Law Offices Of Paul H. Threatt, PLLC.

FAQ: Answering The Most Common Questions About Probate In Florida

FAQ: Answering The Most Common Questions About Probate In Florida Lawyer, Saint Augustine, FLIn this article, you can discover:
  • The consequences of not having a will in Florida.
  • How asset distribution is determined by intestacy statutes.
  • The grounds you need to have to contest a will in a Florida probate case.
  • How to choose an attorney for your Florida probate case.

What Happens If There’s No Will In The Florida Probate Case?

If there is no will, the intestacy statutes in Florida will determine the distribution of assets. These statutes dictate who will receive what, typically based on blood relations or family members. However, in the case of blended families or adopted children, complexities may arise. Without a will, the court not only decides the fate of your assets but also determines who is considered family and who will inherit from your estate. Essentially, without a will, you are leaving the entire division of your assets to the state of Florida. Having at least a will is crucial in such situations, but a trust would be even better as it can help avoid probate processes, alleviate the burden on the personal representative, and allow someone you trust to have control over your estate.

Can I Contest A Will In A Florida Probate Case? If So, What Are The Grounds For Doing So?

You have the right to contest a will in a Florida probate court. There are numerous grounds on which a will can be contested. One common ground is undue influence, where there are concerns about the mental state of the testator (or testatrix) at the time of creating the will, particularly if someone close to them manipulated the will to gain more financial benefit. Other grounds include validity issues, such as improper execution of the will or the existence of a more recent will that contradicts the one being contested. Contesting a will in a Florida probate case can involve various challenges, and the grounds for contestation can vary depending on the specific circumstances.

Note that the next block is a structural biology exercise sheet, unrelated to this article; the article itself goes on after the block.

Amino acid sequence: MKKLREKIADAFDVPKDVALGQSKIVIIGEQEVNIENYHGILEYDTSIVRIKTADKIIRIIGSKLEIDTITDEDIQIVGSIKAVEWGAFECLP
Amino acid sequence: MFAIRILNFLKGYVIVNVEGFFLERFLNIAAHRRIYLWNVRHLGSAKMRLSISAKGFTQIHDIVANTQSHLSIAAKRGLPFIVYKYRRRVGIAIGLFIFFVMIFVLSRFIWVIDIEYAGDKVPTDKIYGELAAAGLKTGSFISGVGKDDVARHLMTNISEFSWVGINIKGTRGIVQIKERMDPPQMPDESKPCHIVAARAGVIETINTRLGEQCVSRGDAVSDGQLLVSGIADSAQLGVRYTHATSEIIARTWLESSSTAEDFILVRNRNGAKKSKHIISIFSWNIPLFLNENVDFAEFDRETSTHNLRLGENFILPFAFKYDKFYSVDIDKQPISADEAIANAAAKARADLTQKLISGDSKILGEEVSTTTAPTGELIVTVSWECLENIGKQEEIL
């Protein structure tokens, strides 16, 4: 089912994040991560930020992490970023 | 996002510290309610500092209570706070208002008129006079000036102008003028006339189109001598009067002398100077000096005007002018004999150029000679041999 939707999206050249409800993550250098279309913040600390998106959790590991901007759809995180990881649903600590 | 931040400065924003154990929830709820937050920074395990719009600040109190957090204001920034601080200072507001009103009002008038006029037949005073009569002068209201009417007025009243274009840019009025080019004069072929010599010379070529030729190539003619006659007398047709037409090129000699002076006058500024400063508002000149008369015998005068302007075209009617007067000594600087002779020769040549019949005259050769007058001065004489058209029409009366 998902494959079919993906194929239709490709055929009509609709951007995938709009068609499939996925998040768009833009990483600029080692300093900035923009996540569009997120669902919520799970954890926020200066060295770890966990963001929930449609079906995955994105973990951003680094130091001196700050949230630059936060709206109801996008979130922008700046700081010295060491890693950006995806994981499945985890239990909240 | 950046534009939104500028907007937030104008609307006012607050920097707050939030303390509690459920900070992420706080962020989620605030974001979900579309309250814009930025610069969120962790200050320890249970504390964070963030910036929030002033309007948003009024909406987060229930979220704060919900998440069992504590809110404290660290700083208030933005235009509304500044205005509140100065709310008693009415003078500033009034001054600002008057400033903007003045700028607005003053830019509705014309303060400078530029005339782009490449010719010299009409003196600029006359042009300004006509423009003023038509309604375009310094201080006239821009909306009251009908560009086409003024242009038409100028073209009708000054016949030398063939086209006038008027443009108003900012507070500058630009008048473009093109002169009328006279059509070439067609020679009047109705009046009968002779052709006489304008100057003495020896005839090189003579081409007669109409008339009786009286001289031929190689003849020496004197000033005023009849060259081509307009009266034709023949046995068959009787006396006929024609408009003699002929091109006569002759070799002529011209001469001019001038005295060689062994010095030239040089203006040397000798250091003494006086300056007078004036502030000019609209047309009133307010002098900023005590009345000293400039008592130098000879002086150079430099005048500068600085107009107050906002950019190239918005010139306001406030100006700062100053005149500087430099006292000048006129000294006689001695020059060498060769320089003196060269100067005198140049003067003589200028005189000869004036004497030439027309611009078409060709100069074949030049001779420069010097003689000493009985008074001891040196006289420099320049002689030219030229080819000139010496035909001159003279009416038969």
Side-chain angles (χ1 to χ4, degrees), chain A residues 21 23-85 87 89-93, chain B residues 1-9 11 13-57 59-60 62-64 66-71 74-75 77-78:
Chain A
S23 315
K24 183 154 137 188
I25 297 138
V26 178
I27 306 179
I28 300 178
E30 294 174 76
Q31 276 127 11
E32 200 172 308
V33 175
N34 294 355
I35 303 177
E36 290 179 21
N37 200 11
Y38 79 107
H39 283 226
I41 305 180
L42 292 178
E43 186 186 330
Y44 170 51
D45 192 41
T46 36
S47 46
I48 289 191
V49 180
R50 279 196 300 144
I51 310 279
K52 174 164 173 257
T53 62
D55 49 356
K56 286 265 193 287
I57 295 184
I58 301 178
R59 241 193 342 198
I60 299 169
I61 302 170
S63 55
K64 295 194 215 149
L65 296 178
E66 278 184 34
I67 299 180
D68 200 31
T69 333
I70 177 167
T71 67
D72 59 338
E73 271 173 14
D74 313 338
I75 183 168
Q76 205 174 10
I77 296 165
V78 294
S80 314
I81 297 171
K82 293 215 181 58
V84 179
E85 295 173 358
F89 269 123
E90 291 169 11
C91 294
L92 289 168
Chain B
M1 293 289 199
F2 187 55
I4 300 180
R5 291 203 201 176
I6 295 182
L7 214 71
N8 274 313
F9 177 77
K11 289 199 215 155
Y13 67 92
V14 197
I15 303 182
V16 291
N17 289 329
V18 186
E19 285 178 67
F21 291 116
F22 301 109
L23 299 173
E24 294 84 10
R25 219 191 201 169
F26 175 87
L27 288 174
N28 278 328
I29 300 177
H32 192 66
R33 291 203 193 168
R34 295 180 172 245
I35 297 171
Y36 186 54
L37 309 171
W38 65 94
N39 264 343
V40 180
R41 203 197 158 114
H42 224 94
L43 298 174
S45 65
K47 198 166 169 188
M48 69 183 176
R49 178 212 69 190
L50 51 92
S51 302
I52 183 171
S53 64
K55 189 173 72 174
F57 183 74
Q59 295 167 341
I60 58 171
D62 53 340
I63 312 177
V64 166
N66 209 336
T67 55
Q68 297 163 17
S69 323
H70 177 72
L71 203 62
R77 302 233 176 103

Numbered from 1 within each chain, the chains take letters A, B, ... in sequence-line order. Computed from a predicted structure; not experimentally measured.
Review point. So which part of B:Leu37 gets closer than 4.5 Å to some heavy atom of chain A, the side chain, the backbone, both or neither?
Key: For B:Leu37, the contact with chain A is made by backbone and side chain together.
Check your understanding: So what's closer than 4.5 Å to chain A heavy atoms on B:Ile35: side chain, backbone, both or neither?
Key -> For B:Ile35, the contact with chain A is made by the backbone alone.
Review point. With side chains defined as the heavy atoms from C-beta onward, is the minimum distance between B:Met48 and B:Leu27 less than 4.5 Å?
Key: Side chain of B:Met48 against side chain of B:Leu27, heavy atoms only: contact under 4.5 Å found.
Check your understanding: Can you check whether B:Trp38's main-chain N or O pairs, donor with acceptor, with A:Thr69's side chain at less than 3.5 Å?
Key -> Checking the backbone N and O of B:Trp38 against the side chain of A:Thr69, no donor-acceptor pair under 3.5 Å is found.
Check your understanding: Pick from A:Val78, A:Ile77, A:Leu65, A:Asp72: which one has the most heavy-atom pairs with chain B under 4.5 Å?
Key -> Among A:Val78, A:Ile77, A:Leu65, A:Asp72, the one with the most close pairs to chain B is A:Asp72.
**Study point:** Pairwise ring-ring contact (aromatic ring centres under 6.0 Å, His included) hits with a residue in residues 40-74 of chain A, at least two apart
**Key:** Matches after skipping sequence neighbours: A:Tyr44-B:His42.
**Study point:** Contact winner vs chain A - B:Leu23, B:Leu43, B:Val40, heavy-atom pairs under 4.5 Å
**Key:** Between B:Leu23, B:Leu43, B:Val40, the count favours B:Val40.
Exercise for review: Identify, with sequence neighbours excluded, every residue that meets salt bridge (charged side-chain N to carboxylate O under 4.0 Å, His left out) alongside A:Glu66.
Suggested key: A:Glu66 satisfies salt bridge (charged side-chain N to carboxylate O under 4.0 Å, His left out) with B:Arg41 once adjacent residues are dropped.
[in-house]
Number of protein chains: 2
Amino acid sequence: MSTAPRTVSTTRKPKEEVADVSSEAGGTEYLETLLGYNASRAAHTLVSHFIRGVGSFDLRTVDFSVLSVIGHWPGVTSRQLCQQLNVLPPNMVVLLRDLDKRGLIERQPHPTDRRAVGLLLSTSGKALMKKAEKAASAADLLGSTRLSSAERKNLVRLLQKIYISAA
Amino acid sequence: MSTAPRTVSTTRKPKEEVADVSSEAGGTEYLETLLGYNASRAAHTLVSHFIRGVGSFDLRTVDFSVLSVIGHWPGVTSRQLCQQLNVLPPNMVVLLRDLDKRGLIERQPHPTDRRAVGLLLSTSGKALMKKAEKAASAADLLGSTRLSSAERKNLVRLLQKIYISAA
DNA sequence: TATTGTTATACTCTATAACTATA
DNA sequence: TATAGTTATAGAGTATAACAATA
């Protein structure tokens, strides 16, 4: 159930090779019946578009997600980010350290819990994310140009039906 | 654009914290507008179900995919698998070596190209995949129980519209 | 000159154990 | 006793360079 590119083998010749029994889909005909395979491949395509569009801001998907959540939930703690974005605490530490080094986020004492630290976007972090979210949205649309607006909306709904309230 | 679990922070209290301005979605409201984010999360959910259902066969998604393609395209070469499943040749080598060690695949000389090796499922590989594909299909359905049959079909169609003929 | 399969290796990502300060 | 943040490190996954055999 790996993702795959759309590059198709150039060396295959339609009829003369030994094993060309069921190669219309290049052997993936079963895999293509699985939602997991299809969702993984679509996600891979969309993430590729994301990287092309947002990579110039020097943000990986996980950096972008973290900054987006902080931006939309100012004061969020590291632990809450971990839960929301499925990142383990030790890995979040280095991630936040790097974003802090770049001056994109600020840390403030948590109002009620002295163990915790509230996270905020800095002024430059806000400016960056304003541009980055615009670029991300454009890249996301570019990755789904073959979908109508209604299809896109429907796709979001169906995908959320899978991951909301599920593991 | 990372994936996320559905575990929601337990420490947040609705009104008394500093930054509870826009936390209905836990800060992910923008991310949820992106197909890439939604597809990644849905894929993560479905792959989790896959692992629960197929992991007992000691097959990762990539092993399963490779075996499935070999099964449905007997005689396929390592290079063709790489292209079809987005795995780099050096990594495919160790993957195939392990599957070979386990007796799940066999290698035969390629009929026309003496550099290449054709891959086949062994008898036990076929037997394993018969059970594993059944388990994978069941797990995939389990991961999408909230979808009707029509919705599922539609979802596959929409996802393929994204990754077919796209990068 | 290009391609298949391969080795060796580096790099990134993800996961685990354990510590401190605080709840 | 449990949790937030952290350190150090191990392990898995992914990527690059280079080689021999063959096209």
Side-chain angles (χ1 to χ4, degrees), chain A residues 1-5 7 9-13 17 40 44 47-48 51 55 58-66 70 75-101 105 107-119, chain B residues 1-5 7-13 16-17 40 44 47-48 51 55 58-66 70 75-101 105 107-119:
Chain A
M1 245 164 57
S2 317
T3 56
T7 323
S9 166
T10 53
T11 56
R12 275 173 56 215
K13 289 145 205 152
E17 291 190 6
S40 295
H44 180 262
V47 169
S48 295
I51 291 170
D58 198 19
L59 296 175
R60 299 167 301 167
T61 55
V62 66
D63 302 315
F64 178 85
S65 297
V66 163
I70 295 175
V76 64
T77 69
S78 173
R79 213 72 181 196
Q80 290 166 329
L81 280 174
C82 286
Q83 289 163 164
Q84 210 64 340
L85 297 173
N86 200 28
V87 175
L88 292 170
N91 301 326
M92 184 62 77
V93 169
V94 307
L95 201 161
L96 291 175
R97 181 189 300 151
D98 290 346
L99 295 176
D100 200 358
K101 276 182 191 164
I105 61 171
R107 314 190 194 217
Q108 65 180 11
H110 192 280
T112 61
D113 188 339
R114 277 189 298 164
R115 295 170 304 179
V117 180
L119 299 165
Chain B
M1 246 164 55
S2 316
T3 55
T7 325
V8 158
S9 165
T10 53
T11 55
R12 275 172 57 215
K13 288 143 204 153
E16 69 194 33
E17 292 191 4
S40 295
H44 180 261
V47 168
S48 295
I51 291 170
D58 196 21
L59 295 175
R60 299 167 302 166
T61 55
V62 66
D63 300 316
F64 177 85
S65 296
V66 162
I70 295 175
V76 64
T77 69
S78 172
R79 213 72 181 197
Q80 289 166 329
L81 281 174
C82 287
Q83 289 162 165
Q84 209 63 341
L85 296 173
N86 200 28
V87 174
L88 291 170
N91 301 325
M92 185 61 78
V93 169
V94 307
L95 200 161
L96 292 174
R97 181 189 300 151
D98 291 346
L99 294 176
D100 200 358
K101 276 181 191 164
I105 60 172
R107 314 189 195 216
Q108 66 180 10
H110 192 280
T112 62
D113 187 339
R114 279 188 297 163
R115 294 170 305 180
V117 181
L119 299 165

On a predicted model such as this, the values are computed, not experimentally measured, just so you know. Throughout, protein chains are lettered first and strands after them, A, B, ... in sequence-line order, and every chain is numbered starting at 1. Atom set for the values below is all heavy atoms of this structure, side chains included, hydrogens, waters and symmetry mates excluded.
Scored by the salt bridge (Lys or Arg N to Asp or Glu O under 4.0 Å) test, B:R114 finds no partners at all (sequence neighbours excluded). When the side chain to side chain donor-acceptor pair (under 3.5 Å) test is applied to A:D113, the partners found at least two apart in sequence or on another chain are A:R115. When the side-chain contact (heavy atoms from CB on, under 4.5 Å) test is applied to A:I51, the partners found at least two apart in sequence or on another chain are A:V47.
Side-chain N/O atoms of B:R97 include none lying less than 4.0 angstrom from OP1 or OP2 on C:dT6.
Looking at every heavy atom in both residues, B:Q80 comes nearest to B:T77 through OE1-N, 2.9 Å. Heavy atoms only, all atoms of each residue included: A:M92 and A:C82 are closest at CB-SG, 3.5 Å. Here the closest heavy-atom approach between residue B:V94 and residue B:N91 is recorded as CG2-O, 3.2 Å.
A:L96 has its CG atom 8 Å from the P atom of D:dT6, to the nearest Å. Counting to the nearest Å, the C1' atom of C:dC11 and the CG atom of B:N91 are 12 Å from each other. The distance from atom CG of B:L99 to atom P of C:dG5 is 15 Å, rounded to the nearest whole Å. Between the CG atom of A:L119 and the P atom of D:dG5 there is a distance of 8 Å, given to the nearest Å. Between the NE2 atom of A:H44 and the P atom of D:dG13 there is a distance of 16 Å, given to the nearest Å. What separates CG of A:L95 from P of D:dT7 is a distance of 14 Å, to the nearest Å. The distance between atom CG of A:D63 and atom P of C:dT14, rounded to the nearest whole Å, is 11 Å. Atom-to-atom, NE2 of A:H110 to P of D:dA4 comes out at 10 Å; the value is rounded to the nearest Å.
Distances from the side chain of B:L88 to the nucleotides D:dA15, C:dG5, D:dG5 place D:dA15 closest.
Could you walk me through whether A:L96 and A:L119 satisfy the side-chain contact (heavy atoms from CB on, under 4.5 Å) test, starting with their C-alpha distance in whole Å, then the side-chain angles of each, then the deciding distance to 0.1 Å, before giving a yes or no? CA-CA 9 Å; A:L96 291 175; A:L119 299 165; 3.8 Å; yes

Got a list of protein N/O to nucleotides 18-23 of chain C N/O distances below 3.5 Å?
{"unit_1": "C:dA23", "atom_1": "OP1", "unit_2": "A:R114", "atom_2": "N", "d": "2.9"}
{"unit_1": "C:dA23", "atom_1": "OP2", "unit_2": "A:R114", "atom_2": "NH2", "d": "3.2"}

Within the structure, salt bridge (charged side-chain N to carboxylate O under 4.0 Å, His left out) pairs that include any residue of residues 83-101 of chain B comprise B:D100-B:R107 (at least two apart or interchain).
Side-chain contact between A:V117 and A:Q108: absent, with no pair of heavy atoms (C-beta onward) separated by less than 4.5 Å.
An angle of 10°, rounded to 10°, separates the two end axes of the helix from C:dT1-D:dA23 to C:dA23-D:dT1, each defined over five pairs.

How Do I Choose An Attorney To Help Me With A Florida Probate Case?

When selecting an attorney to assist you with a Florida probate case, the most crucial factor is your comfort and ability to communicate with the attorney. It’s important to find an attorney who not only has the necessary legal knowledge and resources but also makes you feel heard and understood. Research the attorney’s disciplinary history to ensure there are no issues, and consider seeking recommendations from others who have worked with them. Ultimately, it’s advisable to have consultations with at least three different attorneys, discussing your case and assessing which attorney you feel most comfortable communicating with.

How Much Does It Cost To Go Through Probate?

In Florida, there is a statutory range that determines what is considered a reasonable fee for probate. However, this range does not provide an exact figure for the cost of probate, as fees can vary based on the complexity of the case or the value of the estate. While typical probate fees can range from $1,500 to 1-3% of a multimillion-dollar estate (which could amount to $100,000), it’s important to discuss the specifics of your situation with your attorney. By explaining the complexity of the process and considering factors such as the establishment of a solid estate plan with a trust and pour-over will, you can gain a clearer understanding of the costs involved. In general, probate costs for most estates usually fall within the range of $3,000 to $15,000. Investing in a comprehensive estate plan and trust upfront can ultimately save you significant costs in probate later on. For more information on Navigating A Probate Case In Florida State, an initial consultation is your next best step. Get the information and legal answers you are seeking by calling (904) 650-4262 today.
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